I am frequently asked for the name of a psychotherapist working in a similar style, ethos and paradigm to myself. This can be a random request or from a client, for someone they know.
One recent conversation along these lines was a little different.
I had, some years earlier, given a client the name of one of my favourite referrals. She came in this day and said she had given that same name to another friend of hers (as per my blog Sharing your Psychotherapist: A Caution) and that the previous friend had not used this referral. I also knew this client’s friend was struggling financially. I prefaced the repurposed referral with the current, likely, cost of that psychotherapist. I only had this piece of information as the past two people I had referred to this psychotherapist had asked for another name as they could afford that fee.
In conversation, this client was outraged, indignant and defiant about the cost. I found myself gently attempting to give the cost of the fee, of that practitioner, some context.
I said that not a lot of people feel that is an inappropriate fee charge. I also said that while I didn’t see my way to charging that amount as a fee, it was her right. And that in terms of the cost of ongoing education, training, supervision and self-work, it was not unreasonable. I also added that this psychotherapist was very experienced and good at what she did.
I went on the explain that it was my hunch that she also works using a sliding scale, common to us all and that perhaps her capability to do any further sliding scale fee had been exhausted. And that as a result, it would mean she could only now, and moving forward (until a fee adjusted client terminated) charge the full fee. Because of the client’s inference, I did add that it was not usually a money-grabbing behaviour, but that this person, as is the expectation in our field, also gives back to our community and volunteers in significant ways.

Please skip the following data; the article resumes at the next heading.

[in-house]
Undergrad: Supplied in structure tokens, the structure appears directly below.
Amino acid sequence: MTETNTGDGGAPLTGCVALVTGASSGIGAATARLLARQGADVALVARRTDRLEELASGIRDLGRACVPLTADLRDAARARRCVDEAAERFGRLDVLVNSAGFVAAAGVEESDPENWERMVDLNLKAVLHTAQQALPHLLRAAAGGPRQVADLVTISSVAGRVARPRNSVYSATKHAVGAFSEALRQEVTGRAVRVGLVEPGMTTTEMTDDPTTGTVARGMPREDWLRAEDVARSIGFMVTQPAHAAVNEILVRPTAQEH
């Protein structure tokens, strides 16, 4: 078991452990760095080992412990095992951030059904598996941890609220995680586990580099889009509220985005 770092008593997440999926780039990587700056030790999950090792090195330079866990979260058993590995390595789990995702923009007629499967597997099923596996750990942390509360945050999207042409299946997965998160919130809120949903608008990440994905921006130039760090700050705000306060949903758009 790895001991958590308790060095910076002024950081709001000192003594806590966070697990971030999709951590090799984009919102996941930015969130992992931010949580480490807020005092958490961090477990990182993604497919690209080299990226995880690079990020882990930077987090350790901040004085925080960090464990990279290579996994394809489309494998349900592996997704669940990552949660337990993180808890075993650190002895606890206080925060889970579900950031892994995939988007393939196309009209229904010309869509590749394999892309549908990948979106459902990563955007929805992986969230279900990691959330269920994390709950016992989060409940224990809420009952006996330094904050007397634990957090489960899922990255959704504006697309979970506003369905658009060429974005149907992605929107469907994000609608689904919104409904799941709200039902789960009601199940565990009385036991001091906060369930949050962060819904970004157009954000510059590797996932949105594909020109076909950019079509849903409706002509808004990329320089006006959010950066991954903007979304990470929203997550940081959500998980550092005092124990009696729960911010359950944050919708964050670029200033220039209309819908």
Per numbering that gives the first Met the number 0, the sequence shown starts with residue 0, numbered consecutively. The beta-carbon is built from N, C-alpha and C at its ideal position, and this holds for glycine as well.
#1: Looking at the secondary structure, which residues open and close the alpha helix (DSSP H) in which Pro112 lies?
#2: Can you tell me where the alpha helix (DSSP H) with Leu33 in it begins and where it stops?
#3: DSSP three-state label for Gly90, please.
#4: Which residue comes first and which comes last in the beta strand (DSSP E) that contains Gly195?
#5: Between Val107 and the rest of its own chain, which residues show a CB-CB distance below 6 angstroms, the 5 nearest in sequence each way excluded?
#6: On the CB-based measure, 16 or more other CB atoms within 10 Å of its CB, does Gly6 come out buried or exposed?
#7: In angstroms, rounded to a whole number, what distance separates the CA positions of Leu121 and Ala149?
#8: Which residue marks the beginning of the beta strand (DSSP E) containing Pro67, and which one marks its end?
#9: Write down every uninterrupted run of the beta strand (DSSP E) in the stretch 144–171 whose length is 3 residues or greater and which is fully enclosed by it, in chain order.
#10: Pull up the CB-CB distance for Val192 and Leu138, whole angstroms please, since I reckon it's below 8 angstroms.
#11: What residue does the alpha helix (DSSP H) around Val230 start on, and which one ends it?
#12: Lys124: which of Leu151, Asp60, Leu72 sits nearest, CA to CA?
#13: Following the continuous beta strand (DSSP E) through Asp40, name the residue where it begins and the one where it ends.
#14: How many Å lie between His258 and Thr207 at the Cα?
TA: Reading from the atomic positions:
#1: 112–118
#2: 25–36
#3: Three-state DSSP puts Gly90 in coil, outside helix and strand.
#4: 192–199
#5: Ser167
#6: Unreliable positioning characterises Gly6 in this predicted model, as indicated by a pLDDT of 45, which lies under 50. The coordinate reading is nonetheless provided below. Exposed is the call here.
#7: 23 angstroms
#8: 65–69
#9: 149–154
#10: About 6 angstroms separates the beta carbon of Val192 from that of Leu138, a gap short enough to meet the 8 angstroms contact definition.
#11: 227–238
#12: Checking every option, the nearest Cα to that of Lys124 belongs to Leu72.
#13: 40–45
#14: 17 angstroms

I added that I hoped I was not sounding defensive about her fee and that this discussion was about the moderation and interpretation of her fee.
We did discuss the broader issue … and that issue being; that the service of psychotherapy needs to be made available to as many people as possible, and that that was why every one of us, (that I know of), use that sliding scale principle to do exactly that; make it affordable for as many people as possible … adding that as practitioners we still need to live a sustainable life.
In a part of the broader discussion, she asked why the government did not extend help through psychotherapy services … great question!
I explained that in an attempt to explore how to better offer psychological services the Australian government had liaised with one body and developed the Best Access Initiative. And that on reflection, and sadly, this new system was so poorly researched and set up that by their own admission the programme has nearly broken the federal health budget.
As a result of this conversation, I did health checked of my own sliding scale system. I was shocked to learn of the extent to which I offer sliding scale services … it is just over one-third of my income.
Post that shock, I have no regrets. These are all people well deserving of this option. I know I can ‘sleep at night’ knowing that I make psychotherapy available to many people as possible and that who, under differing circumstances, could no ever afford it.